Doesn’t experience teach us that large organisations have an inevitable tendency towards preserving the status quo, avoiding painful decisions which may adversely affect sections of that provided interest? Why not shake that up a little? In other words, has this core feature of Bevan’s NHS outlasted its usefulness?
I don’t think so. Every country has a healthcare system which is apparently underfunded. They’re all failing to stem growing demand. And few are obviously more efficient than our own. More money would be nice, but it’s not a panacea. The NHS in Wales could certainly be better, but it’s not obvious that market-based competition would help. Certainly, the experience of England shows how easy it is to get into a real mess when you try to import conventional market economics into healthcare. Why take the risk?
So what is the answer? Let me suggest three partial solutions.
- First, we’ve got to be honest about where the NHS in Wales is letting people down. We must have reliable information, in the public domain, about how all the various parts of NHS Wales compare with elsewhere. This would banish complacency. It means counting the number of avoidable deaths and disability, and comparing ourselves with others, relentlessly and with determination. Sometimes this will be really painful, even frightening, but keeping such information behind closed doors – or even worse, not counting it at all – is not acceptable. Stroke services in Wales have recently started to improve significantly, but it took a damning audit from the Royal College of Physicians to make this happen. In the future, lets find out these problems for ourselves, much sooner.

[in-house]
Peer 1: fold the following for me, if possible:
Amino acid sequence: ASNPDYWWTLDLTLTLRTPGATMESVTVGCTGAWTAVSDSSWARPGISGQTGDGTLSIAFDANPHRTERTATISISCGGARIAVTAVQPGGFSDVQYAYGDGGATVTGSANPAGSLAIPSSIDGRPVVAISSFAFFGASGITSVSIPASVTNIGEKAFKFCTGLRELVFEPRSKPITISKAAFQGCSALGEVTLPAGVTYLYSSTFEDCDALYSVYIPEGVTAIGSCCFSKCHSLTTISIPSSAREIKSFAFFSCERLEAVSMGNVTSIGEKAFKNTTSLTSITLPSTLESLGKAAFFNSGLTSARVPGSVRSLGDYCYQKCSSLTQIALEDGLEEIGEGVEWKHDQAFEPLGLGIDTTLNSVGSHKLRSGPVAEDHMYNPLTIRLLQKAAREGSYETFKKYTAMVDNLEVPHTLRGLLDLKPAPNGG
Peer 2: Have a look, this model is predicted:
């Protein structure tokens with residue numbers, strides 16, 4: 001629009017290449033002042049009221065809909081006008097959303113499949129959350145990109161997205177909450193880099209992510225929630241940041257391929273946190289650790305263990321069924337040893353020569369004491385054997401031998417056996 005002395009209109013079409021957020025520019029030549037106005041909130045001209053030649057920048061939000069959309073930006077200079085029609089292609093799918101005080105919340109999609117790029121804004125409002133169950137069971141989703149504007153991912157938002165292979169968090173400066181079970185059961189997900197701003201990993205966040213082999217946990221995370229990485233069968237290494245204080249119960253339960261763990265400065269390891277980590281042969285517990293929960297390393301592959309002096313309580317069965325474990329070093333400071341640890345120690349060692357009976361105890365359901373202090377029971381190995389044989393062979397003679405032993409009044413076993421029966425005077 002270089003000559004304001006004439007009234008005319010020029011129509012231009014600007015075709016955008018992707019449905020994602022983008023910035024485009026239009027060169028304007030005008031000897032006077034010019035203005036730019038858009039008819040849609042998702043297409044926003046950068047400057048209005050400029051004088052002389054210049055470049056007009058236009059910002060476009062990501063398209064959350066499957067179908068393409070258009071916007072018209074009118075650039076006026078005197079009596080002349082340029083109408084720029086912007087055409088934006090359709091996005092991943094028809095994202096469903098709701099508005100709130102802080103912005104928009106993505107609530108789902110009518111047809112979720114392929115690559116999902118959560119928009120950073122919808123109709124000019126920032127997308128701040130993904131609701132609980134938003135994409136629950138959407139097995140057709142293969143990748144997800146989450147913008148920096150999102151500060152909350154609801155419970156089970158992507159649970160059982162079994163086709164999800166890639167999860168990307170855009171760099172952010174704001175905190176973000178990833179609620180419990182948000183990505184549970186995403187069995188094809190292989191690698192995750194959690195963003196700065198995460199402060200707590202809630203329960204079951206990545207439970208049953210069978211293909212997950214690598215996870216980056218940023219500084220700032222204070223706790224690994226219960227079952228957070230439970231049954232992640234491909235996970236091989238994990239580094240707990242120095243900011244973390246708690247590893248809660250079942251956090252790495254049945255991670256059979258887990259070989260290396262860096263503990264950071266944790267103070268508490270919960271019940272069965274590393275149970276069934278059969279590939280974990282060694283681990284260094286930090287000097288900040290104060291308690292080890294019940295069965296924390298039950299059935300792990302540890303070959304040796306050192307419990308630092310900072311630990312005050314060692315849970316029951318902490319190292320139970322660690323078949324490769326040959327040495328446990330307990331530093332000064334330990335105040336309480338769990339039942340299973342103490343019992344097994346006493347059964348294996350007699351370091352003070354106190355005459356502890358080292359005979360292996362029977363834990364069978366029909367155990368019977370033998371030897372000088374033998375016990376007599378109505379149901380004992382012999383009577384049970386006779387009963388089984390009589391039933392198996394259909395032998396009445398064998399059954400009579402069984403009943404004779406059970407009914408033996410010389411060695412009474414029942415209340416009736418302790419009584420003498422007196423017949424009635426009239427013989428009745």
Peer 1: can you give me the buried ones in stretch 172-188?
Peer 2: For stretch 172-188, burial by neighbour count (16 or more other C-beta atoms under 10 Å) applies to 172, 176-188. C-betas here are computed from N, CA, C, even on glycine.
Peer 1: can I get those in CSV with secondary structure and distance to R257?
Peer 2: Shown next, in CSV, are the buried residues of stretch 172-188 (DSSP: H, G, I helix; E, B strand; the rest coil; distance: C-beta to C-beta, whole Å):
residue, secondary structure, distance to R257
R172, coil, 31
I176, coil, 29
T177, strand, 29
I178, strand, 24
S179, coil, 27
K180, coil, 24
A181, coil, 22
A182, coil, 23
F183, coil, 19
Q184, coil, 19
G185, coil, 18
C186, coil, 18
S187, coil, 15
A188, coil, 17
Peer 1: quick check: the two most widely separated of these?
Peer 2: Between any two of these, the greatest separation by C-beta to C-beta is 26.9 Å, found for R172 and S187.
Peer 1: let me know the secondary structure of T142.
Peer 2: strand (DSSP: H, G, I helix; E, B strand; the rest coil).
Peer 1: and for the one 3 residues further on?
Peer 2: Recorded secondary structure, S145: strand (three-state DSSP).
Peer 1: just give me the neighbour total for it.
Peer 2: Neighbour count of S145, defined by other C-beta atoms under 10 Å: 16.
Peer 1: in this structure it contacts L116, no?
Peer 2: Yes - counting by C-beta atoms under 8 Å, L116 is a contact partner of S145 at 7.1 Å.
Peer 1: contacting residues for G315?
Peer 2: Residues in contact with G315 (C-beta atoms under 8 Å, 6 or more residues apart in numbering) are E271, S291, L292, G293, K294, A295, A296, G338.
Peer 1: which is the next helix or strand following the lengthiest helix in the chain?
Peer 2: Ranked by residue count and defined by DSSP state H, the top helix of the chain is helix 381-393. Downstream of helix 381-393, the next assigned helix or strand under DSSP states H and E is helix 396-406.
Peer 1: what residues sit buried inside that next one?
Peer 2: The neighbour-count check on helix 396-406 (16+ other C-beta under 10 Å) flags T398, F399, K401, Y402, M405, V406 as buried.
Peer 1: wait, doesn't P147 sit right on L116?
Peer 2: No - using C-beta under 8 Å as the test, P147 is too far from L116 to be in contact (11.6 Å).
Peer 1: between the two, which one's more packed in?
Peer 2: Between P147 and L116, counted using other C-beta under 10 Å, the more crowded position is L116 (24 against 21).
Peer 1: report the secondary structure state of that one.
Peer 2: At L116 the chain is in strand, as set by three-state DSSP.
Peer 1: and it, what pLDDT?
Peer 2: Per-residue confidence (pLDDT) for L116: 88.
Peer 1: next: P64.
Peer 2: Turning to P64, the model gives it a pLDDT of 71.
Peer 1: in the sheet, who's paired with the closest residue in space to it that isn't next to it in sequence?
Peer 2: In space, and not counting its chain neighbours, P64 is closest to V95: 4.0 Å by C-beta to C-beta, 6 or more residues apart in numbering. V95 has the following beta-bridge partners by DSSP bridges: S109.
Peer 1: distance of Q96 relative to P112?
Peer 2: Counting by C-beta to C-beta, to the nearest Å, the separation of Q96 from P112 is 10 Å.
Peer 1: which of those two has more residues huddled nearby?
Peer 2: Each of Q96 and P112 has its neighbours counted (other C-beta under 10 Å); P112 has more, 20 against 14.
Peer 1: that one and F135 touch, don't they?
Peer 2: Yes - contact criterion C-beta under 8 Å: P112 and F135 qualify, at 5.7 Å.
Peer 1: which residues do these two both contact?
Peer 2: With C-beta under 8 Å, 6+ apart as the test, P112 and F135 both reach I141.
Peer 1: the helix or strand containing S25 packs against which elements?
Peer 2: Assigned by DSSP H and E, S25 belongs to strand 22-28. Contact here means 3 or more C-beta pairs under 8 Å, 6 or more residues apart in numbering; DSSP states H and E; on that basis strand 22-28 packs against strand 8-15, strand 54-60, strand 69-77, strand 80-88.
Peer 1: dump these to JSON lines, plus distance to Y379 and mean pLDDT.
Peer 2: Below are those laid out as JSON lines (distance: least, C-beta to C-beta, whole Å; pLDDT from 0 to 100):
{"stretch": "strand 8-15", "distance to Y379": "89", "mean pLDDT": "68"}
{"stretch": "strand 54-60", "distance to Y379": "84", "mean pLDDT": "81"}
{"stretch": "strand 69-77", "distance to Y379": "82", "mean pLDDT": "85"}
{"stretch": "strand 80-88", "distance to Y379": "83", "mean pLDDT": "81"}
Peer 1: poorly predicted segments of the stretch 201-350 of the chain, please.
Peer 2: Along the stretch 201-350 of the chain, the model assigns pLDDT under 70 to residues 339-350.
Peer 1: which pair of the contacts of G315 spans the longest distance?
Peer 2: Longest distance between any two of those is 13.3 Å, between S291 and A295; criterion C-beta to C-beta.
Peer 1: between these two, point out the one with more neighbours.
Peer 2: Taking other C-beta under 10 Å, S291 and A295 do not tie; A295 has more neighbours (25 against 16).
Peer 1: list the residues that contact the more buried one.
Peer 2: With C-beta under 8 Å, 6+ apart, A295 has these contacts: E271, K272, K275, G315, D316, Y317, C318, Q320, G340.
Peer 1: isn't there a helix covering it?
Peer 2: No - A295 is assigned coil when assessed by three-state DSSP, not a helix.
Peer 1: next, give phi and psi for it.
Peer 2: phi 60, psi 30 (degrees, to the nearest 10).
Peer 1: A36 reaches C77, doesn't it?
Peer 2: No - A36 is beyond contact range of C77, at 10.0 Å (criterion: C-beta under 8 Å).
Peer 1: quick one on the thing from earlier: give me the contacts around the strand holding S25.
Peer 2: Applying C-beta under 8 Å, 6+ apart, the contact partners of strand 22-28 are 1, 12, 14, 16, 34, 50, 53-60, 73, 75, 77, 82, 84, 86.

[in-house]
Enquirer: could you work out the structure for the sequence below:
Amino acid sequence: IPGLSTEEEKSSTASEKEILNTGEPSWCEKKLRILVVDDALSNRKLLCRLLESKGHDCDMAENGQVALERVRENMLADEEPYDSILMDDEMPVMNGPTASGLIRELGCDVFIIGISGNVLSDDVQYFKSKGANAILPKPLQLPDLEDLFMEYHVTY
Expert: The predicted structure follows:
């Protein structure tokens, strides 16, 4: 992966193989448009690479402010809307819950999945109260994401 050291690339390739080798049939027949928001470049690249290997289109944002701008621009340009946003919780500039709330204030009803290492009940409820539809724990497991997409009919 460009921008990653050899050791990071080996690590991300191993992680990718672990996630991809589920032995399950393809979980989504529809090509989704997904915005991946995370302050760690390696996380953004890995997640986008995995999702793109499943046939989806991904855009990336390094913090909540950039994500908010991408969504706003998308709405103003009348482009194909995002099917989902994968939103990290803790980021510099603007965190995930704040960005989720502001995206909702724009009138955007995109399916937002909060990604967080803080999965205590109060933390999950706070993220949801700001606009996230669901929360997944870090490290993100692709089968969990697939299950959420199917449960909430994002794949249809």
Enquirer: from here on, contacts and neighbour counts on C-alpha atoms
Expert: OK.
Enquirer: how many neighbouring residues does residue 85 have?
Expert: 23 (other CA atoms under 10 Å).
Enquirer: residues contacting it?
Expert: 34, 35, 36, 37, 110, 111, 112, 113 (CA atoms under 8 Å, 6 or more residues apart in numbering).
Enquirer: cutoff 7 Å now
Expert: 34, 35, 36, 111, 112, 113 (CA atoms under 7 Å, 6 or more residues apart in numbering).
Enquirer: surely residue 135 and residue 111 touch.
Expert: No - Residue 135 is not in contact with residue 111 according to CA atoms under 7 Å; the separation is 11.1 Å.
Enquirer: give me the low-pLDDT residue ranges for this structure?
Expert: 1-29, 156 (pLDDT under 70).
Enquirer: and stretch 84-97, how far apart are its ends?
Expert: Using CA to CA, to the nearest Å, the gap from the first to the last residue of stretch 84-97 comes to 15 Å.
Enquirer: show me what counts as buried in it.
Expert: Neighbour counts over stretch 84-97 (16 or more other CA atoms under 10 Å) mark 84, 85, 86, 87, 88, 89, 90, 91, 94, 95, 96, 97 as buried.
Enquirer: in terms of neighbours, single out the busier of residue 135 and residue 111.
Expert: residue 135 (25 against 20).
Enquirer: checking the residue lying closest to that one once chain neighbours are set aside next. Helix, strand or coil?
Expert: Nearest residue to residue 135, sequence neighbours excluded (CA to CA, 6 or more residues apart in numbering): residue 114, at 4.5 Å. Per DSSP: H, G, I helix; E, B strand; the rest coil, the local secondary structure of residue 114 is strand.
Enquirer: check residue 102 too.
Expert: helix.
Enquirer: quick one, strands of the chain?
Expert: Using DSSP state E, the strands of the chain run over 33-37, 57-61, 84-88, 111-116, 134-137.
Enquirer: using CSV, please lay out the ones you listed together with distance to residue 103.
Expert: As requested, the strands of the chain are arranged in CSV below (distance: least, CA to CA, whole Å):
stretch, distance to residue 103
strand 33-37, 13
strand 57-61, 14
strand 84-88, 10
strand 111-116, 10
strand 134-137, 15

- Second, we need to get serious about living more healthily. The NHS has a role in this, especially in helping people with long-term conditions maintain the best health they can. But quite frankly the NHS doesn’t have the levers, the skills or the inclination to address intractable problems such as rising obesity. This requires an effort from us all, through taxation, education, encouragement, discussion, joined-up policy. We’ve achieved a lot with smoking, but obesity is much harder. After all, while smoking kills, eating is necessary to stay alive.
- Finally, we’ve got to think a lot harder about the Welsh model for public services improvement. It’s fine to eschew competition and markets, but what is to replace them? Transparent information would be a very good start. But monopoly providers don’t generally make life difficult for themselves, so exhortation and relying on good people to do the right thing probably won’t be enough. We need a package of incentives which work for us.
Now that really would be a worthwhile legacy for the next generation – almost as good as Bevan’s founding vision.